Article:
Michelle Smith, Fund Developer & Communications Officer
SAVE THE DATE
Plan to Join us on a date not so far, far away…Saturday May 4, 2019 at Tacoma’s Landmark Convention Center as we support families of children with special needs and become One with the Force! This fun and exciting night is our largest fundraising event of the year! Silent and Live Auction, Dinner and Drinks, Character Photos…a night not to be missed!
Visit asapc.org and our Facebook site in January for more information.
Recently released our 2018 Annual Report
Recently we featured a beautiful girl with Downs in our Annual Report. Sammy has been receiving services with A Step Ahead since she was four months old. Today, she is bubbling with joy and her bright eyes are as captivating as her smile is contagious. Sammy’s parents wanted to share their experience to help other parents:
“You are not alone. Having a child with special needs can be challenging but it’s what you make of it! We know – it’s easy to feel isolated, but there is hope and help. Sammy fills our days with love and life, we couldn’t imagine our lives any other way. Truly a blessing” – Aaron and Patricia
Did you know that parents/caregivers can be inspired by your story? Learning about challenges that other families face can be a source of inspiration for parents with similar experiences.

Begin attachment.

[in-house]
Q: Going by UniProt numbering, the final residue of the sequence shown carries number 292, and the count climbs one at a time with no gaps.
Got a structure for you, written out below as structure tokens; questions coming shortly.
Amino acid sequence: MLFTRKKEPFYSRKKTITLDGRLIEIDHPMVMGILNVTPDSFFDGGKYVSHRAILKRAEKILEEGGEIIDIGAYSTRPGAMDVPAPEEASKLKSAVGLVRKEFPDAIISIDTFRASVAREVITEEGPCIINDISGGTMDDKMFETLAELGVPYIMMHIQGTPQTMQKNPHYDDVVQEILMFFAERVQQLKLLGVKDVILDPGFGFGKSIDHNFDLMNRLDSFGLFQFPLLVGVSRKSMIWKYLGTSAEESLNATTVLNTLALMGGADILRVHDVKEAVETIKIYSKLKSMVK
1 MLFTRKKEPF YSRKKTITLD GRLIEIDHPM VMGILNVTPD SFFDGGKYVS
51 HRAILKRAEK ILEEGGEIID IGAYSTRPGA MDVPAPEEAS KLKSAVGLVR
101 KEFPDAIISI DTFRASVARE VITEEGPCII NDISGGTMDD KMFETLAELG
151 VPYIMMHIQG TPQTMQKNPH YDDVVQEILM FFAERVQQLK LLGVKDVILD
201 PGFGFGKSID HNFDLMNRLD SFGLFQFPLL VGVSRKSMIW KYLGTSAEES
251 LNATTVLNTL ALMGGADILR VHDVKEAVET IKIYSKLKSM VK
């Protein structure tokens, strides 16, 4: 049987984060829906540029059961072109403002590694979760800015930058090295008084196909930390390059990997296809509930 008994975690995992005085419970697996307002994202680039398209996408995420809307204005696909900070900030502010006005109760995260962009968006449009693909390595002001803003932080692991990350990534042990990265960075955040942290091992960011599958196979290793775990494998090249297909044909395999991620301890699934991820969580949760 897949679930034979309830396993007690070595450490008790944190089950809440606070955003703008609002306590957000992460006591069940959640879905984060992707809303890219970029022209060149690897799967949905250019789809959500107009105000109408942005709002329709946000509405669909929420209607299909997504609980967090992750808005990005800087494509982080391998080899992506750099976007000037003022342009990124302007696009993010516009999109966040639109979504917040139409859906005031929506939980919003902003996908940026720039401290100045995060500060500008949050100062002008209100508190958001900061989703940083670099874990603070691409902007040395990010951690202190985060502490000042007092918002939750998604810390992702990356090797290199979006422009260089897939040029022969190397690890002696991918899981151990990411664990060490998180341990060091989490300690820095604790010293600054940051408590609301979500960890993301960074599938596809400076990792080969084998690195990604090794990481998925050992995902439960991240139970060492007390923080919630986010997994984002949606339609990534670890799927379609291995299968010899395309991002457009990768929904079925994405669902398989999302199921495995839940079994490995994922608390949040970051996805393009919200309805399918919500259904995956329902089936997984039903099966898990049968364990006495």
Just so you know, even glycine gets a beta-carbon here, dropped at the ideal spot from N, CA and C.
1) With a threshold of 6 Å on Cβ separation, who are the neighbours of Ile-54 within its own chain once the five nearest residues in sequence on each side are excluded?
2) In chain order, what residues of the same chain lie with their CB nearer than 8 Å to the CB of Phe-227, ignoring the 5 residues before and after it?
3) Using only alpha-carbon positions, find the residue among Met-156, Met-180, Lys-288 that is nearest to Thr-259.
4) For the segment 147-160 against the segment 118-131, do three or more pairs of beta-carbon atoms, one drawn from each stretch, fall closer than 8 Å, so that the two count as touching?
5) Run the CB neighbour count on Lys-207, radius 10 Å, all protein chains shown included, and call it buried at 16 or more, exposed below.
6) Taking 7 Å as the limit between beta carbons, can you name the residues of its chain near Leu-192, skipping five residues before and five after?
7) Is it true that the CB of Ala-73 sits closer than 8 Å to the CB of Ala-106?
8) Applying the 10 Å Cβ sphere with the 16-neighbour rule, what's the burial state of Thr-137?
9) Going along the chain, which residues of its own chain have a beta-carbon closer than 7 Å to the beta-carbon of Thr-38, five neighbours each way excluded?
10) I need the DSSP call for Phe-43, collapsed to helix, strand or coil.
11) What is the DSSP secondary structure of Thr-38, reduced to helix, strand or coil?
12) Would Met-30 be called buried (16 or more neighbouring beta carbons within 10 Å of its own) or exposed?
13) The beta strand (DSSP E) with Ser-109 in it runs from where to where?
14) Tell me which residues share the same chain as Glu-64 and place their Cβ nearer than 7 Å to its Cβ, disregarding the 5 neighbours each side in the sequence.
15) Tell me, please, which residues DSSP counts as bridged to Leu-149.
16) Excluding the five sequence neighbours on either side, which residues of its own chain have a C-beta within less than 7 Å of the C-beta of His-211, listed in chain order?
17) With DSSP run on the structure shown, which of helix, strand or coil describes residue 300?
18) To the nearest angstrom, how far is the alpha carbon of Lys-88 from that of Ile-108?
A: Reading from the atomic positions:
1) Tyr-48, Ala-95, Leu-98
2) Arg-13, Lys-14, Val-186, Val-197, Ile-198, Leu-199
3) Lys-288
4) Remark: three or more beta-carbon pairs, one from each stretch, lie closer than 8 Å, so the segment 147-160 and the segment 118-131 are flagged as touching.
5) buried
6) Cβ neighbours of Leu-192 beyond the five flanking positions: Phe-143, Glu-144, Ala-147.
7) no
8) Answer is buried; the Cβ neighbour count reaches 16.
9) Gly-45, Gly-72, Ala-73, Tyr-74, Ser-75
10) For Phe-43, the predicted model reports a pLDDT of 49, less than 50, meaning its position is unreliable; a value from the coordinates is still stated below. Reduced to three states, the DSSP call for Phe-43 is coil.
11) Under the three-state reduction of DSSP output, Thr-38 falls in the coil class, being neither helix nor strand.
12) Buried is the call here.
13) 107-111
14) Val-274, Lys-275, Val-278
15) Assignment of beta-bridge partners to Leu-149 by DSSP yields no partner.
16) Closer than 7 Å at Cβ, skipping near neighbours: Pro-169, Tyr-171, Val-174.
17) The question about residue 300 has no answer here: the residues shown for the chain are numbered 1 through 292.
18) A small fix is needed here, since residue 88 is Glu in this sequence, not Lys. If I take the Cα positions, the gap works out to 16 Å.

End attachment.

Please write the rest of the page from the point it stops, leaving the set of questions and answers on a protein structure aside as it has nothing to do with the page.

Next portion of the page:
We are currently interviewing families, if interested please email Michelle at email@example.com or call 253-471-2727.
Jenn Black, Early Intervention Teacher
Share vs. Wait
The holiday season often brings many gatherings with family and friends. For toddlers, the holiday season can bring many tantrums due to difficulties related to sharing with family and friends. Sharing is a very difficult concept for toddlers to understand and accept. Well-meaning adults often try to help when a sharing struggle happens; however, it can backfire, and the toddlers learn the exact opposite of what we intend! Consider the familiar scenario:
Two children want to play with the same toy. Both have their hands on the toy and are pushing, pulling and yelling “mine!” This escalates until one child has the toy and the other is empty-handed; which leads to hurt feelings and the unspoken new roles of “possessive child” and “insulted child.” A nearby well-meaning adult witnesses the sharing struggle and wants to help the insulted child. The adult takes the toy from the possessive child while saying, “You have to share the toys!” and gives it to the insulted child. Both children respond to the well-meaning adult’s intervention, but neither is satisfied with their new understanding of the word “share.” A simple construction of the new meaning might be: “share means not mine.” As sharing struggles are replayed this way, the new meaning of “share” becomes learned as a negative concept which causes the toddlers to continue the struggle when told to share their toys.
Adults who want to help toddlers cope with the expectations for sharing can try changing their own words and actions. Try to replace the word “share” with the word “wait.” Waiting is a more concrete concept than sharing because “wait” is learned to mean “I get a turn, but not right now.” The adult can demonstrate what to do WHILE waiting by talking about waiting and distracting the toddler with another toy. Use the child’s name and describe what is happening, for example: